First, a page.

Central to Maclear’s research program is the pedagogical question of how a narrative imagination shapes young people as environmental citizens in the world. She believes in the power of stories to humanize climate science by offering scenarios that might register affectively. Her ultimate goal is to ask how we, as artists and educators, can build a praxis that cultivates a thoughtful and decolonial environmentalism instead of an emergency-oriented response, based on cycles of disaster and repair. There is a need for a curricular and cultural shift if we are to bridge the despair/hope binary that characterizes climate change discussions, says Maclear.
Noa Nahmias’ research examines the relationship between knowledge production, science and nation building through the lens of material culture. Her research asks how notions of science and knowledge were negotiated and portrayed to the public in 19th- and 20th-century China. She focuses on museums, since these sites can provide answers to these questions through material objects and display techniques. Studying the objects selected for the display, as well as the display techniques from the language used to the arrangement and order, reveals much about processes of knowledge production in general, and how these were carried out in China in particular.
Nahmias’ research contributes and complicates our understanding of what knowledge production is and how it relates to national and transnational currents. French Jesuits, British naturalists and Chinese entrepreneurs participated in museum building in the late 19th and early 20th century. This period also saw intense transnational encounters, which changed how Chinese elites viewed knowledge. Her research uses this historical backdrop to explore the concept of knowledge migration and knowledge production.
Christopher Vanden Berg
Christopher Vanden Berg's research focuses on the concept of "political apathy" in political theory and in Canadian politics. He begins from the assertion that the problem of political apathy has been causally framed in one direction: citizens are uninterested in formal politics, do not vote, therefore they are considered politically apathetic subjects. Moreover, this signification, limited to those individuals who abstain from participation in formal institutions, universalizes all who do vote as "politically active" subjects. These reductions represent a general trend in the literature: a coterminous association of "political apathy" with "a lack of interest in voting".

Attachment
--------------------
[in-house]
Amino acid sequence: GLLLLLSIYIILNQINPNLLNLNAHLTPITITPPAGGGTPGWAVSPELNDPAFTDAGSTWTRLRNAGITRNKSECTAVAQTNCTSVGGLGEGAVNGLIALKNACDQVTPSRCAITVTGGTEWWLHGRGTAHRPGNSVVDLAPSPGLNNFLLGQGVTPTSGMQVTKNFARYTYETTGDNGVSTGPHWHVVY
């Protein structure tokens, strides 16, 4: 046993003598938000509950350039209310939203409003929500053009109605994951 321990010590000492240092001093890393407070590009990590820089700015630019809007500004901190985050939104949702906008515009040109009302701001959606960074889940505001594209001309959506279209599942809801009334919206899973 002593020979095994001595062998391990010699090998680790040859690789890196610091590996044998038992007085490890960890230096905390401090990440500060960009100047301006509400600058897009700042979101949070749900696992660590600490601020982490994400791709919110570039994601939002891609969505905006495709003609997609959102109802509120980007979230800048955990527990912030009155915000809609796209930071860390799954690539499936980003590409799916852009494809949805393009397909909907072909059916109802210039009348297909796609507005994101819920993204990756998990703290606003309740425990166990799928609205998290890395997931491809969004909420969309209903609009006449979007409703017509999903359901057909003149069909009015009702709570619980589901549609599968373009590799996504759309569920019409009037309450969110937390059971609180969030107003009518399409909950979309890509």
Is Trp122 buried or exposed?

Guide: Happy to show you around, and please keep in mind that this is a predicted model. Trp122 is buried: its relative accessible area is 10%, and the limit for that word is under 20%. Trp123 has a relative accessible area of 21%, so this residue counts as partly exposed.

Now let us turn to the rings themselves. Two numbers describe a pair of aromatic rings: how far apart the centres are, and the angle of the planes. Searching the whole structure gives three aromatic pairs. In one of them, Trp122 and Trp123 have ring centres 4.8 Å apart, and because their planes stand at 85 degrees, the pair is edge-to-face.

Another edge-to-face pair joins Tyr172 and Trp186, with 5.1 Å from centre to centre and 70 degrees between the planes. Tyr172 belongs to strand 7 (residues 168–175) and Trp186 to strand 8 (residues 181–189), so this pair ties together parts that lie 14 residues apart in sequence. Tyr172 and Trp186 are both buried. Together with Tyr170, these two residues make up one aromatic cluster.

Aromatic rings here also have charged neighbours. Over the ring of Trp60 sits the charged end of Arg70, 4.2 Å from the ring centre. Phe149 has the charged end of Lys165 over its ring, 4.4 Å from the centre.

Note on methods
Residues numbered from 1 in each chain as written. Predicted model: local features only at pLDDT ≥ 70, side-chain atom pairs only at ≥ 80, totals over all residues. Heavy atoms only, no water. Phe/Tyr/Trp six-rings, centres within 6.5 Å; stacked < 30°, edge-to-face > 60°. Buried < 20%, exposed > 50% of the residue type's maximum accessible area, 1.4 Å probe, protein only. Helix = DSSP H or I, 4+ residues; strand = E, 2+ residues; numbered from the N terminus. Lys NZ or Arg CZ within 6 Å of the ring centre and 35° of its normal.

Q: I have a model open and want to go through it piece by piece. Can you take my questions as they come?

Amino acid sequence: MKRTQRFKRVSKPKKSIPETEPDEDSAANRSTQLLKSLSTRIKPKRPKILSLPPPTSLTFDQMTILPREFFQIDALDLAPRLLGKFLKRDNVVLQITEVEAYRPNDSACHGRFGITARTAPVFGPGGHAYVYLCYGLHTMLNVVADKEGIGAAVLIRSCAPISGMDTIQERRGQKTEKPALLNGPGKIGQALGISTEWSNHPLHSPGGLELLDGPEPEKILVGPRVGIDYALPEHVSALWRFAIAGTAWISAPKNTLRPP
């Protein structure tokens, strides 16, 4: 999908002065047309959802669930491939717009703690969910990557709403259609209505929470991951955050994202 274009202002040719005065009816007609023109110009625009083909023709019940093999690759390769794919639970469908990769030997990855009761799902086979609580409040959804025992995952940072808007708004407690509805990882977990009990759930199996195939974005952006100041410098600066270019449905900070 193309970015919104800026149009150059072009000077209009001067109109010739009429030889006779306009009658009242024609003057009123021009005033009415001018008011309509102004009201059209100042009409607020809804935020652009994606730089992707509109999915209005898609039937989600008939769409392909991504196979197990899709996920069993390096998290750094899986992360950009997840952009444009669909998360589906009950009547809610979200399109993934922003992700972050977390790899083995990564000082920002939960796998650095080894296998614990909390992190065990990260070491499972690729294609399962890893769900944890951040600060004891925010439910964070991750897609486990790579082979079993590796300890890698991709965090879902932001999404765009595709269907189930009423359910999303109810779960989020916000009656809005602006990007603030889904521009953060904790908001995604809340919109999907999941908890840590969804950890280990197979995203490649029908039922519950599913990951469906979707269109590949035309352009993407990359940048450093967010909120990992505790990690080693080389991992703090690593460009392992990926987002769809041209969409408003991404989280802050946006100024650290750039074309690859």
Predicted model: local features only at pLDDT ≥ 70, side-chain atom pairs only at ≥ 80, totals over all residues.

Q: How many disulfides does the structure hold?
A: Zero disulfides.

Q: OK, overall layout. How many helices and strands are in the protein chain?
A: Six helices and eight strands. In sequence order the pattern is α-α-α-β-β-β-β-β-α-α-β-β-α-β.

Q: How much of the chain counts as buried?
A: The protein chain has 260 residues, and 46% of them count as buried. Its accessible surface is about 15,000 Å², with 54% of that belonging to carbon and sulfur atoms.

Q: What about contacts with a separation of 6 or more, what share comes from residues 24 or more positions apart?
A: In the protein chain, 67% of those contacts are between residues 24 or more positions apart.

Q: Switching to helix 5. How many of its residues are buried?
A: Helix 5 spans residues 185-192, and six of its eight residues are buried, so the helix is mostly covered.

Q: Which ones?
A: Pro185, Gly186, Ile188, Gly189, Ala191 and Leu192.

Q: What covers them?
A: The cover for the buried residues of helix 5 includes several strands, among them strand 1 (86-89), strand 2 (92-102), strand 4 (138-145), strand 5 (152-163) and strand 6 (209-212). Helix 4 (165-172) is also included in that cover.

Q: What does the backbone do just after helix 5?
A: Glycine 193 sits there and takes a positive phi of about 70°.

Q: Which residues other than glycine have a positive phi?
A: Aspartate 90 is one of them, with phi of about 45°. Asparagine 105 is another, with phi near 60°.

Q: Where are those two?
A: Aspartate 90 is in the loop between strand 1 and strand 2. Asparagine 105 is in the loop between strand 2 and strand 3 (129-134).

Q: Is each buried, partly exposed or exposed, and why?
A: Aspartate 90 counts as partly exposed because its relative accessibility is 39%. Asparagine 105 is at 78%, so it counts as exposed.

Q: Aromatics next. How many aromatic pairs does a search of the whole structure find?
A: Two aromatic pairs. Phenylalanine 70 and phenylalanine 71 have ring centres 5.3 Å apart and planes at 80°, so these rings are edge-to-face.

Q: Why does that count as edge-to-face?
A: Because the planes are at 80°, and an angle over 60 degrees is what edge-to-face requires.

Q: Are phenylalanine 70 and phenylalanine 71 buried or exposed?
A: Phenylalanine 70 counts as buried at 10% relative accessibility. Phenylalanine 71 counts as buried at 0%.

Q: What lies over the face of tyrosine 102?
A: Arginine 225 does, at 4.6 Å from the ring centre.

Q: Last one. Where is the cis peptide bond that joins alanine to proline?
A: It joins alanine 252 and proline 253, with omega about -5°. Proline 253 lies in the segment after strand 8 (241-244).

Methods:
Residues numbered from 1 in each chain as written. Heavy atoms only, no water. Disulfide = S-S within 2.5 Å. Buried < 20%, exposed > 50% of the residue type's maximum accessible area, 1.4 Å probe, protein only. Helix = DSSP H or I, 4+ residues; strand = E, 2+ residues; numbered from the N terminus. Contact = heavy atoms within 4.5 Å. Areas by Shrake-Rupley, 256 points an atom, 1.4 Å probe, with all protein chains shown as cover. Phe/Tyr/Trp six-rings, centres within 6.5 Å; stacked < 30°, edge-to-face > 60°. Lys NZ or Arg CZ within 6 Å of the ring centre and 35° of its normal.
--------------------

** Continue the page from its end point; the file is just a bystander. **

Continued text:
Vanden Berg's project contends that considering political apathy within the frameworks outlined by members of the so-called Frankfurt School of Critical Theory can provide new insights into the nature of apathy in Canada today, and expand the approaches presently taken to the current crisis of low voter turnout. This research will contribute to topics surrounding the understanding of politics, democratic citizenship, and the subject in contemporary political theory, as well as urgent discussions on democratic reform in Canada.
Kinesiology & Health Science
Type 1 diabetes (T1D) is an autoimmune disease in which the pancreas can no longer produce insulin and is currently affecting over 300,000 Canadians. Insulin is an important hormone that allows sugar to be broken down by the body for energy. Maintaining blood sugar levels in a target range can be extremely difficult for individuals with T1D. These fluctuations and disturbances in blood sugar levels become even greater with exercise. Individuals with T1D wear an insulin pump or use multiple daily injections as a means of diabetes management.
The goal of Dessi Zaharieva's research is to contribute to the improvement of diabetes management and control of blood sugar levels during exercise in individuals with type 1 diabetes. This project will not only benefit the lives of athletes with type 1 diabetes, but also increase the knowledge of exercise and diabetes management and reduce the barriers associated with exercise — particularly the fear of low blood glucose levels (hypoglycemia).